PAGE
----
5 questions for the man behind the Ford Edge ST

Las Vegas

Ed Krenz might best be known as chief program engineer for the current Ford GT. Yet his other gig -- chief functional engineer, Ford Performance -- carries the mantle of car-geek celebrity engineers such as John Coletti, Jost Capito, Dave Pericak and Jamal Hameedi.
Born near Washington, D.C., in 1972, Krenz graduated from the University of Michigan and earned a masters in mechanical engineering at Purdue. Through 24 years at Ford Motor Co., Krenz has done duty in just about every corner of the auto engineering business, including manufacturing, powertrain, control systems and vehicle integration. He’s taken a lead role at Ford Performance, the group in charge of racing and performance development, as Ford shifts its focus from cars to trucks and SUVs and moves out of the sedan business in the United States. An interesting gig, to be sure.

Autoweek: Did you feel any extra pressure doing the Edge ST?
Krenz: Yeah, there was another level of anxiety, but also excitement, because we were doing something new. We know how to do Shelby Mustangs, and we’re very comfortable with it, pushing that technology to the next level. We've done a couple generations of Raptors, and we know what product success is on that end of the spectrum. There are always engineering challenges, but we feel equipped to handle them.
In this context, I think it’s also important to note that we know what ST is. We have what we could call brand DNA for the ST. We know in customer terms what the proof points are and what an ST needs to be, from the Fiesta ST and the Focus ST and a lot of legacy products going back a long way in Europe and the United States. So then we translate the customer terms to engineering objectives and measures—hundreds of them. The ST is an out-the-door performance vehicle, and we look at performance in several ways. We look at competitive set, at uplift from our base vehicle. We have engineering criteria that range from advertised power to straight-line performance to track-time capability. And we look at sustained capability—which means repeated use without fade, in acceleration or brake performance, whether you’re doing a track session or a mountain twisty type course, the vehicle will be there for you. Sustained capability is what, fundamentally, makes the Fiesta ST a Ford Performance product and why, for example, the Mustang GT with Performance Pack II isn’t. That’s an extremely capable vehicle, but it wasn’t developed with our sustained capability requirement.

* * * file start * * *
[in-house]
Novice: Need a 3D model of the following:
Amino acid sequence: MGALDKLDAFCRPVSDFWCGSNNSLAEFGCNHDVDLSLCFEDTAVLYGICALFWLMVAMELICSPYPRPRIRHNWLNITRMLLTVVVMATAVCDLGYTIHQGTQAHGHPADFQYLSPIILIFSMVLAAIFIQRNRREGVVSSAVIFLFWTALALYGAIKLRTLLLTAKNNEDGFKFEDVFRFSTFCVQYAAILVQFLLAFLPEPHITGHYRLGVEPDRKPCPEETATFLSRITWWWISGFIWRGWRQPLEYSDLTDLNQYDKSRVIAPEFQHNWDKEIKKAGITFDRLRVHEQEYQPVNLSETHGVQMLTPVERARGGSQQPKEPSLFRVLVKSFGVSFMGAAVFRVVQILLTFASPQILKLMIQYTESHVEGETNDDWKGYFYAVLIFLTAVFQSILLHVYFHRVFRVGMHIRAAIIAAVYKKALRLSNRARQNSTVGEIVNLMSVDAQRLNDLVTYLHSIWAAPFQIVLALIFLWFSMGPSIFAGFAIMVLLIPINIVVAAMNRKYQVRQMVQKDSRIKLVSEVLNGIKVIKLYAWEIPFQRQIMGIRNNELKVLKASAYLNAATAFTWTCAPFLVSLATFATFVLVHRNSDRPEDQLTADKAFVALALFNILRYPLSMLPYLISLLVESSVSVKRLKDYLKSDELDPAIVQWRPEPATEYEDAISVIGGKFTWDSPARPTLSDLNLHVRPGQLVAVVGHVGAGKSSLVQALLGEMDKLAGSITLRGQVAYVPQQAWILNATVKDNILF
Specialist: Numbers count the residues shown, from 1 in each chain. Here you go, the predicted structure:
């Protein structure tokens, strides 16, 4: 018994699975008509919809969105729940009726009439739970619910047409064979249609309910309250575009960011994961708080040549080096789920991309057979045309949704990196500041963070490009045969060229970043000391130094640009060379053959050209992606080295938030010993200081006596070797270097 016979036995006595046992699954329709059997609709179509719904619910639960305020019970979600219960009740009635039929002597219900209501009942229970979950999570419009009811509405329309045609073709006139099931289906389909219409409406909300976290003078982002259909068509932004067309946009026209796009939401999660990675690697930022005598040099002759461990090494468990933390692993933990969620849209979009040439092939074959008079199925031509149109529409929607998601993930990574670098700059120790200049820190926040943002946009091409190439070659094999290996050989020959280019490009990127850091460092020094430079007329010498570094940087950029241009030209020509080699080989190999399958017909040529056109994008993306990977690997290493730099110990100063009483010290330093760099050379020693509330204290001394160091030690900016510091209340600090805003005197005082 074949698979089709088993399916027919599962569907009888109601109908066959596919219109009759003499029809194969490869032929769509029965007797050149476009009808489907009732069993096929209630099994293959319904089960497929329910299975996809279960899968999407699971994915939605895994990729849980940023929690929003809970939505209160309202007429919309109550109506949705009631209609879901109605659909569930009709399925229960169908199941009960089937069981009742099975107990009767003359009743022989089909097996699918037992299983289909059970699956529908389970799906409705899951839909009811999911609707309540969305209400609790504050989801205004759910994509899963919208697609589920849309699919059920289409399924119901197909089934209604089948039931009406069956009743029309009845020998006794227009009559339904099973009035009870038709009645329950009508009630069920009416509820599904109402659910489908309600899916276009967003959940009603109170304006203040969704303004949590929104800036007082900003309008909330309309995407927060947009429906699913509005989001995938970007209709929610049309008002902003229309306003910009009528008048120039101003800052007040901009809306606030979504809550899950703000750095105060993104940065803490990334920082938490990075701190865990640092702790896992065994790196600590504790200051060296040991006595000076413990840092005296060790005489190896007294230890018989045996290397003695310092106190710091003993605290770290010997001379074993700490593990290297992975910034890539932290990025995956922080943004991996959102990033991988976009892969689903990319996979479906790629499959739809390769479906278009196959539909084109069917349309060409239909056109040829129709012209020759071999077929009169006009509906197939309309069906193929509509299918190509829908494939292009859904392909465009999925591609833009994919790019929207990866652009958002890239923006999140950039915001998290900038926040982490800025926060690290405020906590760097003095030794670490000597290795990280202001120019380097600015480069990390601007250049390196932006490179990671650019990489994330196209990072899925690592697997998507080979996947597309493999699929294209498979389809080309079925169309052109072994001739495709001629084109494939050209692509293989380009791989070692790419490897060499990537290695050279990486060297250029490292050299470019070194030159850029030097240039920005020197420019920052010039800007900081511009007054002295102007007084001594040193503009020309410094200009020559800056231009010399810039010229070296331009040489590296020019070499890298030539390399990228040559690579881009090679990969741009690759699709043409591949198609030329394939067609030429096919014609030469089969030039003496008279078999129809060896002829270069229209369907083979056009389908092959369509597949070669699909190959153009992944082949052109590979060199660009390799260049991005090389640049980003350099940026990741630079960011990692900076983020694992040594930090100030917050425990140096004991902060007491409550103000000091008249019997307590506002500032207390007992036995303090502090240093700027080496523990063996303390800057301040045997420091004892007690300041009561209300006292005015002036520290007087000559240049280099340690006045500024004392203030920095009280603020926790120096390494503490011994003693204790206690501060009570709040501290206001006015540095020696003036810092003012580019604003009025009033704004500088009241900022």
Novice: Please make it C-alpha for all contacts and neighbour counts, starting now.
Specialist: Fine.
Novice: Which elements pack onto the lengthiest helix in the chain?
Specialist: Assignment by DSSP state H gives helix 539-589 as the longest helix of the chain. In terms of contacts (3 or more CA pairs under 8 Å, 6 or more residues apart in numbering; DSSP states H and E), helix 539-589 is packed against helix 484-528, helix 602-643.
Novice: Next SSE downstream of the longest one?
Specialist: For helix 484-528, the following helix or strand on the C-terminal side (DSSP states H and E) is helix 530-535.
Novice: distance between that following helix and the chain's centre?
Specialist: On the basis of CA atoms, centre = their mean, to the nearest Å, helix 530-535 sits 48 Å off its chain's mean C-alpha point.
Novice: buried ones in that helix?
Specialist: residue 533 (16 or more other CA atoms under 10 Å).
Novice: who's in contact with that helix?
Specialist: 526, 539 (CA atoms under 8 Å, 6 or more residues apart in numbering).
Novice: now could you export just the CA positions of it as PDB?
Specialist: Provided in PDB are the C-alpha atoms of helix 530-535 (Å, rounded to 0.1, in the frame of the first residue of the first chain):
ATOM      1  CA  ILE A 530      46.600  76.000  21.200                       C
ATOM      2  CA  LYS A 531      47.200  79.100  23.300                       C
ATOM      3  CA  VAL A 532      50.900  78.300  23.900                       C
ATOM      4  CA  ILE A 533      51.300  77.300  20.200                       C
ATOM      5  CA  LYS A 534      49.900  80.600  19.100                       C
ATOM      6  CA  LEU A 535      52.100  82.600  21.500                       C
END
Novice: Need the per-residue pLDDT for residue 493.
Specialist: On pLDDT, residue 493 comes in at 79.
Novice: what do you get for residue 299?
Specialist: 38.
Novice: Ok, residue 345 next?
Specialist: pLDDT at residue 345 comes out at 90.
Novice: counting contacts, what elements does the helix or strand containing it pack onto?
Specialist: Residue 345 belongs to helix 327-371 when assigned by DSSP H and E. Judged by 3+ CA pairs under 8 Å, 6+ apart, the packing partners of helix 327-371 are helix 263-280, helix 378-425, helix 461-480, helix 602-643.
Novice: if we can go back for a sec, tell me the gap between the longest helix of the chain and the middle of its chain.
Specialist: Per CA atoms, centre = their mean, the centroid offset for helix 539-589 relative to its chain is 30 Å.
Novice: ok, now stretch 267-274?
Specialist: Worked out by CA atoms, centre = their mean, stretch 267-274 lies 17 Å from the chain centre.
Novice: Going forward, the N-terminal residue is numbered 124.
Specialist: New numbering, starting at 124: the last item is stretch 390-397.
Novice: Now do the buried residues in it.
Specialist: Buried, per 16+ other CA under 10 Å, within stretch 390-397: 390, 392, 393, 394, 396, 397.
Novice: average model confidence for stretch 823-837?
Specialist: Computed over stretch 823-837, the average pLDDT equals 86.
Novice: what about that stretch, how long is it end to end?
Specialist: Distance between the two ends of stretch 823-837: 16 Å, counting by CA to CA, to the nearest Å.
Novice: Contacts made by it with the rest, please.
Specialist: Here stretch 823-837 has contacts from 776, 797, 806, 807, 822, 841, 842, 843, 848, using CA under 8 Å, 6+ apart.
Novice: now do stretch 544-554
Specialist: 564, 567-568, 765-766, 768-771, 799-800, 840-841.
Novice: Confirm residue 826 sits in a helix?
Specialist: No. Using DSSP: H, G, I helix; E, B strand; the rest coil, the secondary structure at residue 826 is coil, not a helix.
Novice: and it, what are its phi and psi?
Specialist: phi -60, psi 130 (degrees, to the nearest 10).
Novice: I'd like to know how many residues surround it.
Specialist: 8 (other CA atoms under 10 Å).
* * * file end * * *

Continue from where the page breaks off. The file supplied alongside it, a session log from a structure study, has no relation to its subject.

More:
We know what an Edge ST needs to be. The engineering challenge, of course, is taking those brands promises and the corresponding engineering expectations and moving them into a new cycle, in a package that isn’t like anything we’ve done before. It's certainly challenging, but we know the promise we need to keep and we love a new challenge.


New Member
United States
What I Drive
2019 Edge ST
I would LOVE to know the parts needed to convert the standard braking system to the Performance Brake System! I know I can purchase the red-painted calipers (or other calipers and paint them another color) and Stop Tech slotted cryo rotors. BUT, I had heard that there is more than adding a rear backing plate for the rear calipers---something like a new spindle/hub carrier is also needed. I wanted the 21" wheels for better load capacity, BUT, here in Central PA where I purchased my car in Dec. of 2018, the Summer Perf. tires were NOT an option, UNLESS, of course, I wanted to get a separate set of 21" wheels at $807 apiece, and a set of winter tires at $407 each! So I got an ST optioned with the 21" wheels and AS tires. Would like to know if the conversion could be made!
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